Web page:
By: Tracy Rea
When I found out that I was going to be beginning my Masters of Education in Digital Technology journey, I knew the learning floodgates would open. Not long after receiving my acceptance, I happened to catch a news special about the implementation of technology curriculum in schools around England which began September 1, 2014. Intrigued by this broadcast, I listened to how the curriculum was being implemented throughout England, Teaching Coding in Canada, CBC News. This is exactly what I have wondered myself. Why is Canada or Ontario lagging behind in implementing K to 8 Technology Curriculum?
So my journey began, looking at how I could integrate Coding into my grade 2/3 classroom in September, knowing that computer programming was not a part of the Ontario Curriculum. I reassured my supportive Administration team that I would still be covering curriculum expectations while introducing coding to my grade 2/3 students…it is an EQAO year you know…and that my students weren’t going to be missing out on curriculum to ‘do Coding’ but that their learning would be enhanced.
Here are the 4 easy steps to how I began Coding in my classroom:
1. Research an appropriate site or application
I researched Coding sites and coding applications and found Code.org, a free online computer science education site for teachers, students and parents. I watched and introductory video What Most Schools Don’t Teach featuring Bill Gates, Mark Zuckerberg, Jack Dorsey, Chris Bosh, will.i.am (Love Him!), Jack Dorsey, Tony Hsieh, Drew Houston, Elena Silenok, Vanessa Hurst, Gabe Newell, Ruchi Sanghvi and Hadi Partovi. This site was perfect for ‘Newbie Coders’ which provides teachers with free programming curriculum and scaffolded lessons based on the students’ level and knowledge as well as a Teacher Dashboard to monitor student progress. Now I was really inspired about introducing my class to coding!
2. Use Teacher Resources and Register for ‘Hour of Code’
While on the Code.org site, I noticed a section ‘Hour of Code’ which had Teacher resources on the ‘How To Guide’ that was launching on December 7-13, 2015. Of course, I registered my class to be a part of this global event, which made it even more exciting for me to share my plan with my students of learning how to code.
3. Use Unplugged and Plugged-in lessons
Beginning with the first lessons in the Coding Course Curriculum, I set the stage for what my students were about to learn using a variety of unplugged and plugged-in activities and relating these activities to Geometry, Writing and Art curriculum expectations. My class loved the unplugged activities just as much as the plugged-in ones, especially when they had to use coding language to move ‘Ms. Rea Robot’ from the front of the room to the back of the room. They had to ‘de-bug’ me as I moved right outside into the hallway or banged into desks! I noticed that my students were learning quite quickly and applying their knowledge to problem solve through all of the activities, so I decided to pick and choose from the lessons as needed.
4. Build excitement
December 7th arrived and my students were excited for ‘Hour of Code’ and were ready to begin building codes with Anna and Elsa characters from ‘Frozen’. The students eagerly logged onto their personal account with a Coding Partner. One person was the ‘Driver’ and the other the ‘Passenger’ working their way through the lessons. Each student had a role in helping to complete the lesson and when another group was stuck, the ‘Passenger’ was allowed to go and support the ‘Driver’ and ‘Passenger’ of another group. The student collaboration allowed me to circulate between groups and share in their learning and roars of excitement as they completed each lesson allowing them to move on to the next. I really didn’t have to ‘teach’ anything…they were teaching each other! I took great pictures of this engaging, learning time to share with my colleagues and parents and sent them on Remind! Throughout the rest of the week, the students participated in the other ‘Hour of Code’ activities, Minecraft, Star Wars and explored in the Artist section as well.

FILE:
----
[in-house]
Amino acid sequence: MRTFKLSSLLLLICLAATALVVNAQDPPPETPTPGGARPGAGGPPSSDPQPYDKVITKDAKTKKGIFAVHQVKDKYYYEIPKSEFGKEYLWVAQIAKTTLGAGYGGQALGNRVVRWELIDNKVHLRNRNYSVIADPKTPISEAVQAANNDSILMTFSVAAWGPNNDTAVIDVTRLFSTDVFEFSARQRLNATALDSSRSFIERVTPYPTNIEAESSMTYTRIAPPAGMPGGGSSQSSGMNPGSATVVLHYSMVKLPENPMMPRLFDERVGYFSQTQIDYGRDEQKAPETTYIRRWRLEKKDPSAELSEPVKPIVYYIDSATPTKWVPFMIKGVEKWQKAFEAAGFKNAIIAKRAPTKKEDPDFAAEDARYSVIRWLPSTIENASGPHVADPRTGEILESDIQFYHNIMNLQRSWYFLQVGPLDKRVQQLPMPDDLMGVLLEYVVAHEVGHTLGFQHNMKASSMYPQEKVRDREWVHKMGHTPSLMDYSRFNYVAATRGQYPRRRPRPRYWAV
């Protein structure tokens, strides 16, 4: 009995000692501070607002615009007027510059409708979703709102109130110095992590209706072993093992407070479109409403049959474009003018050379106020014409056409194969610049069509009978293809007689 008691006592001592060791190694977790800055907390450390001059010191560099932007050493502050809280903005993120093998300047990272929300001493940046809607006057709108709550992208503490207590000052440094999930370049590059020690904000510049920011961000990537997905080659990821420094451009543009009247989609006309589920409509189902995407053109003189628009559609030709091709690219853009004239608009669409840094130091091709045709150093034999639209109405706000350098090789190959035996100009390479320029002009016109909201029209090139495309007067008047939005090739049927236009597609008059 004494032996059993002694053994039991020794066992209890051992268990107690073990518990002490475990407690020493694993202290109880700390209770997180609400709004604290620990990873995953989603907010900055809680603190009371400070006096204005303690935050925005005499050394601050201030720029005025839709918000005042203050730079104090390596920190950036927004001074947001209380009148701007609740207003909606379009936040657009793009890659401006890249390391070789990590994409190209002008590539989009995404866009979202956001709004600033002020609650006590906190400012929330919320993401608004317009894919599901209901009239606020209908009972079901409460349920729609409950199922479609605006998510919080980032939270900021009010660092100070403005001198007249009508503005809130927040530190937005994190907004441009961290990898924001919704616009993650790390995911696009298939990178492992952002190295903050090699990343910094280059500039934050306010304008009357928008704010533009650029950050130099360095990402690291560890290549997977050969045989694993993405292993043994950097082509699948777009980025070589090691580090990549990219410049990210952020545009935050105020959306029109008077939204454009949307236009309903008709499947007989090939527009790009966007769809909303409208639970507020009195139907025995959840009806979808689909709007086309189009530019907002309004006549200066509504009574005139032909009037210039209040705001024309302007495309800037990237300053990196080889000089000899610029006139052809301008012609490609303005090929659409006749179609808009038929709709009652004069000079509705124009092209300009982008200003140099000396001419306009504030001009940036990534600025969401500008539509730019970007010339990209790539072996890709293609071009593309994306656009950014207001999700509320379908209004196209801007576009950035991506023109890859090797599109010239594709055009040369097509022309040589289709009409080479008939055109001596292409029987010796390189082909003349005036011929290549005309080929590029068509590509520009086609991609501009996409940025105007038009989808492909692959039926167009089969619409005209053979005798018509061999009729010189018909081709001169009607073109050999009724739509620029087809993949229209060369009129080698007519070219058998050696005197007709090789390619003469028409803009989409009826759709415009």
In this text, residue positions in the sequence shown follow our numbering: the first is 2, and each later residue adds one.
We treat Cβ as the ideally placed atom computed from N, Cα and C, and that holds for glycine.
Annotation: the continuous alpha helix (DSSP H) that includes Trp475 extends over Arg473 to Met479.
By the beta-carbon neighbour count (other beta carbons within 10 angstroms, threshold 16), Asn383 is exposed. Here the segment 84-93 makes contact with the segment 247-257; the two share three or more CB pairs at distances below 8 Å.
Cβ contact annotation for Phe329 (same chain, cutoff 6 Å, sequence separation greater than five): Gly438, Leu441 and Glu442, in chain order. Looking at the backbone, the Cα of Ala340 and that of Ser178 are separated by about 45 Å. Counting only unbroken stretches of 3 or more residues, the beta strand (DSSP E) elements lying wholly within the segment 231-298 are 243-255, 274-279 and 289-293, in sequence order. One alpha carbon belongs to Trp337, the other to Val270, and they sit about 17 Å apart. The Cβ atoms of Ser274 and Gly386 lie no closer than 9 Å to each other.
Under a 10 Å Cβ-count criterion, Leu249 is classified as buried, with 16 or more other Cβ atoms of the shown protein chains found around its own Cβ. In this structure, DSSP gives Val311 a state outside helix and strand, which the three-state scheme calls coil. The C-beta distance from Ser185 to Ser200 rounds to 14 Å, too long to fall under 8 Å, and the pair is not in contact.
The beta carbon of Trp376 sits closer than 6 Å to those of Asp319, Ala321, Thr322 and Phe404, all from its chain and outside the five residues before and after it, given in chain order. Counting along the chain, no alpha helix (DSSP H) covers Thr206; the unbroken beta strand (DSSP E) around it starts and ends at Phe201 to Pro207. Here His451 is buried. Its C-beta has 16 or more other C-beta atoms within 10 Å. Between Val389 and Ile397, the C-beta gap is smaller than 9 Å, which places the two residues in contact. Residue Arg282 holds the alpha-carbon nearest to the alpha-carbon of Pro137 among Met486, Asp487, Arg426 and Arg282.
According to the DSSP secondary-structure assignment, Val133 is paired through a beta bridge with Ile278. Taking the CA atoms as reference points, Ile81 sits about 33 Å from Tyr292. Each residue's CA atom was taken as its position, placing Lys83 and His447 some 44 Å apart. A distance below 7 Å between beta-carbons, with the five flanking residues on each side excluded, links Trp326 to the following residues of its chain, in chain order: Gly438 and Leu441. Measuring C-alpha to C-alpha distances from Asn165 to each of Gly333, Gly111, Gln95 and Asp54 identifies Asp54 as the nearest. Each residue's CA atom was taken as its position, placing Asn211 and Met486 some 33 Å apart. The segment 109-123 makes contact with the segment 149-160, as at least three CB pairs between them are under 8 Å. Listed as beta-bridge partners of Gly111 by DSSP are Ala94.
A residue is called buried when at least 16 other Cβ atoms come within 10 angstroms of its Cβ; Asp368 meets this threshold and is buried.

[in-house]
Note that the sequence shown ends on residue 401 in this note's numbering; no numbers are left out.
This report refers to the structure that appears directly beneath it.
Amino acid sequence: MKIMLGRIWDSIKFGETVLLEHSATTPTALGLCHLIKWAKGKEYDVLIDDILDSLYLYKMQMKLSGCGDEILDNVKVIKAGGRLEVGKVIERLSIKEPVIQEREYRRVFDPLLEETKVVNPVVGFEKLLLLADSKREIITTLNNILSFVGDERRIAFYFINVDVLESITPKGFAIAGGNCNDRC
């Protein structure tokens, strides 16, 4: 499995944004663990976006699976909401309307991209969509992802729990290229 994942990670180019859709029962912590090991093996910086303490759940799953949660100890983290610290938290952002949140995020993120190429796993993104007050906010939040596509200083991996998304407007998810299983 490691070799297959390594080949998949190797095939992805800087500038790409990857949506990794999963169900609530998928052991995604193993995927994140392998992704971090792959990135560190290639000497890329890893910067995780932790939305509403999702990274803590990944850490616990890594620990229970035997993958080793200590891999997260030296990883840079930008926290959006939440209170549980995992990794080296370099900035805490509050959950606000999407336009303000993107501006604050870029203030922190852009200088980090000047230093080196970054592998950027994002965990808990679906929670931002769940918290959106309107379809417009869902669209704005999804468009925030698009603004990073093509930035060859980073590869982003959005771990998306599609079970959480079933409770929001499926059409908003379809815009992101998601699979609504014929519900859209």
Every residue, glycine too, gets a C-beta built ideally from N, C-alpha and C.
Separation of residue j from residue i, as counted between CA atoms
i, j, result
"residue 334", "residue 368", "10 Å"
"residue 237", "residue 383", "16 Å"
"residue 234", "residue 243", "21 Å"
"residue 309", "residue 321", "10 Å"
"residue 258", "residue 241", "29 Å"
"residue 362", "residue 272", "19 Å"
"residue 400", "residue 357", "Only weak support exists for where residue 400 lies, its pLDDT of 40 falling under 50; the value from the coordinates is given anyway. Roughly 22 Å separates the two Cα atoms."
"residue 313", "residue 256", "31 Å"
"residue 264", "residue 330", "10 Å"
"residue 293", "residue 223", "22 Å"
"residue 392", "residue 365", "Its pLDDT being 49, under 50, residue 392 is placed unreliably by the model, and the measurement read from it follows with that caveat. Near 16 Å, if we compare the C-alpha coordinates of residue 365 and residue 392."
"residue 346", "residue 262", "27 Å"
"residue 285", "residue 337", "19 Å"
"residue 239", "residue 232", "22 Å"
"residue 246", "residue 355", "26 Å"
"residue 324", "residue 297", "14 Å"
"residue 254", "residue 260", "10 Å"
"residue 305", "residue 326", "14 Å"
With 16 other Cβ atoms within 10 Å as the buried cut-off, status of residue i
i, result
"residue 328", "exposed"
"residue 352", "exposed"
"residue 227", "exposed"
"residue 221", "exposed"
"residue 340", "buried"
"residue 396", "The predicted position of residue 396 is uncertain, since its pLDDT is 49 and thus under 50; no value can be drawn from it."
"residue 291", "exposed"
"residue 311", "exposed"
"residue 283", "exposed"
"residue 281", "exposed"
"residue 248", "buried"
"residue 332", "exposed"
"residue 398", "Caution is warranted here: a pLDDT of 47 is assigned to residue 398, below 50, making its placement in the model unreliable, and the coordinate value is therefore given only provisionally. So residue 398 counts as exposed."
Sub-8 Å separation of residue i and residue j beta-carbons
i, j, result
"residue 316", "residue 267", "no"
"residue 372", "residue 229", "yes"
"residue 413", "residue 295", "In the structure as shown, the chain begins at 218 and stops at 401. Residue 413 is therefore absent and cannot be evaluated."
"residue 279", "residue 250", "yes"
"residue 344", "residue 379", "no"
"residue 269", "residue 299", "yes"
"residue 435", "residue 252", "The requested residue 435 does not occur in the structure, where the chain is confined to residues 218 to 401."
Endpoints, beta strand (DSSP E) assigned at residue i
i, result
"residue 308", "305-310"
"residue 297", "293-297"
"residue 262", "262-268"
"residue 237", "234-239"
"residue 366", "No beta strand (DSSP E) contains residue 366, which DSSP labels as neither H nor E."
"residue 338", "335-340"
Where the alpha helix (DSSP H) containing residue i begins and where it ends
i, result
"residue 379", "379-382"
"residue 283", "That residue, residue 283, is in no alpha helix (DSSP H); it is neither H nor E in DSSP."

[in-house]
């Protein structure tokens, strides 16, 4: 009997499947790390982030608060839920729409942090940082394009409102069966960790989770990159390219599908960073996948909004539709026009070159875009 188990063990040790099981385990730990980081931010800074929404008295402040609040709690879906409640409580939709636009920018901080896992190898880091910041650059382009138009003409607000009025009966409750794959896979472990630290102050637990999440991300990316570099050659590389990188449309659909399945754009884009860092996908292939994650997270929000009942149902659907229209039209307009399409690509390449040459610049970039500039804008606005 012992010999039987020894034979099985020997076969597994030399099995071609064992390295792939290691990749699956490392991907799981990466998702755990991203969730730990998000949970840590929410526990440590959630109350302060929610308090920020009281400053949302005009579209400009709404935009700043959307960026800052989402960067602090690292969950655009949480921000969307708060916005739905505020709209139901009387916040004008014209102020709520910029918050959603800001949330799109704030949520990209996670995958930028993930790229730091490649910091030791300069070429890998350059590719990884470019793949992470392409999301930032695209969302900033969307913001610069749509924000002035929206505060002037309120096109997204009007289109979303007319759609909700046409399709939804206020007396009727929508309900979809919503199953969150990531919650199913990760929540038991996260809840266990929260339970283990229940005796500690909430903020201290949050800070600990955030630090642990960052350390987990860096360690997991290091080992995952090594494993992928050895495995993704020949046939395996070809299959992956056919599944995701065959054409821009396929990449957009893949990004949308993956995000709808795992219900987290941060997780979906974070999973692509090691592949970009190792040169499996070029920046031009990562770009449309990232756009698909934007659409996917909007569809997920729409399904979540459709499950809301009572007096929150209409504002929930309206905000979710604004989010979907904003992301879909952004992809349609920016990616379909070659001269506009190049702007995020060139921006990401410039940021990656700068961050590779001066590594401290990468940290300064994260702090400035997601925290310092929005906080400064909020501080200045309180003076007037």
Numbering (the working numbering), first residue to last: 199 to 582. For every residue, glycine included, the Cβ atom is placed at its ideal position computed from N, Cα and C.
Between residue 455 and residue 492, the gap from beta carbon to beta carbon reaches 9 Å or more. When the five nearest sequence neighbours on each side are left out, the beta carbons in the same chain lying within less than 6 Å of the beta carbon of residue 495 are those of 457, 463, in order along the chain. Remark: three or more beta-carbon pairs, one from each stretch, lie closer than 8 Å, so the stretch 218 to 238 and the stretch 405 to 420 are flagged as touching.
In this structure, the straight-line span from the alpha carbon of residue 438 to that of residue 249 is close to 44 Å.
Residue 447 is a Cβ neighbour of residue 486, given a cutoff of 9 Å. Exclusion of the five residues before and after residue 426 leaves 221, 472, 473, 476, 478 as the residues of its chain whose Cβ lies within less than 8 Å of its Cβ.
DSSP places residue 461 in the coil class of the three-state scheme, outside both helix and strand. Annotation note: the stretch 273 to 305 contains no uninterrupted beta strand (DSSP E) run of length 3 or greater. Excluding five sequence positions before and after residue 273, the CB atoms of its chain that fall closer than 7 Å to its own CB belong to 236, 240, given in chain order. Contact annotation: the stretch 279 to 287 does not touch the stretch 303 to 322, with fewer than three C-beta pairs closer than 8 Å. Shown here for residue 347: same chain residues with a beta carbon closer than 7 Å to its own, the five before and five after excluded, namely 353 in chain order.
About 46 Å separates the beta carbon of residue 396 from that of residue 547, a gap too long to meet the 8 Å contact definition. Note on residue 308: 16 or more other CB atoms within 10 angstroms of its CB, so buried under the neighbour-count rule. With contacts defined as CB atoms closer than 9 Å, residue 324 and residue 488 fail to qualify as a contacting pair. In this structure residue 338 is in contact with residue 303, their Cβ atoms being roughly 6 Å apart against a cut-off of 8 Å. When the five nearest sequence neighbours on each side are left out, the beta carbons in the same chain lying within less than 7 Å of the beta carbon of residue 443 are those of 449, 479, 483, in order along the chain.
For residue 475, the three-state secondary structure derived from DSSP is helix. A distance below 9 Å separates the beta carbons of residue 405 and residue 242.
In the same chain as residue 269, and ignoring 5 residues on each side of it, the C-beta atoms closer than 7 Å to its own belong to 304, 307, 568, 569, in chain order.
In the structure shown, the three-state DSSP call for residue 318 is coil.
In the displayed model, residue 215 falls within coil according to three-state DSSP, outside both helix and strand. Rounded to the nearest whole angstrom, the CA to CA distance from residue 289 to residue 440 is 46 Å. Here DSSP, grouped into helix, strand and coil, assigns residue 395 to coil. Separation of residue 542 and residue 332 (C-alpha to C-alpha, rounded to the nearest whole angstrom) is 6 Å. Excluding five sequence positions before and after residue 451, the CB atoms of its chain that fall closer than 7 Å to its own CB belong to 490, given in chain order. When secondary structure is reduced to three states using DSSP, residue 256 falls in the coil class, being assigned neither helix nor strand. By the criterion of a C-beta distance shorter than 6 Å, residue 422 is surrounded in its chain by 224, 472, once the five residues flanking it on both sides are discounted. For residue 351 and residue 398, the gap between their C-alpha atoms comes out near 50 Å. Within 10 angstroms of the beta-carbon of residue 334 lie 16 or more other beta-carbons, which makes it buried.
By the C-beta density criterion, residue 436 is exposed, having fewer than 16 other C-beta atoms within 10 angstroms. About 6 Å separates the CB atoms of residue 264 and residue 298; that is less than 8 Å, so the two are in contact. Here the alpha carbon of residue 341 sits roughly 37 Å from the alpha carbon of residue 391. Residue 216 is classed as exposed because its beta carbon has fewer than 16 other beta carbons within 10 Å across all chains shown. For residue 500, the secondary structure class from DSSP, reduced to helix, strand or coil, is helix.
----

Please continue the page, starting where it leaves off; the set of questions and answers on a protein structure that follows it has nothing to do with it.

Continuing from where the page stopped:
With the help of Code.org I was able to implement Coding into my core curriculum right away! This is just the beginning of my computer programming journey with my students. I didn’t have to take any courses; I didn’t need a computer for every student; I didn’t need to be the ‘Driver’ of the lessons; and best of all my students didn’t have to ‘miss out’ on Math, Language Arts or Art curriculum because coding was embedded into all of these learning areas and now my students understand the important connections between them, while having fun!
Hadi Partovi on Computer Science Co-Founder of Code.org Hadi Partovi TEDtalk on Computer Science
Why Kids Should Learn to Code Parent Information
ScratchEd Free Introductory Computing Curriculum Guide (K-12)
Tynker Coding for Kids~ Free and Purchased Course Tools and Lessons related to Core Curriculum (K-8)
Davis, V. (2013). 15 Ways of Teaching Every Student to Code (Even Without a Computer). Retrieved from 15 Ways to Teach Students Coding
Missio, E. (2015, June 9). Why Kids Should Learn To Code (And How To Get Them Started) Learning. Retrieved from Why Kids Should Learn to Code
National curriculum in England: Design and technology programmes of study. (2013, September 11). Retrieved from Technology Curriculum in England
Silcoff, S. (2016, January 17). B.C. to add computer coding to school curriculum. Retrieved from British Columbia to Add Computer Technology to Curriculum
What is Coding? (2016). Retrieved from What is Coding?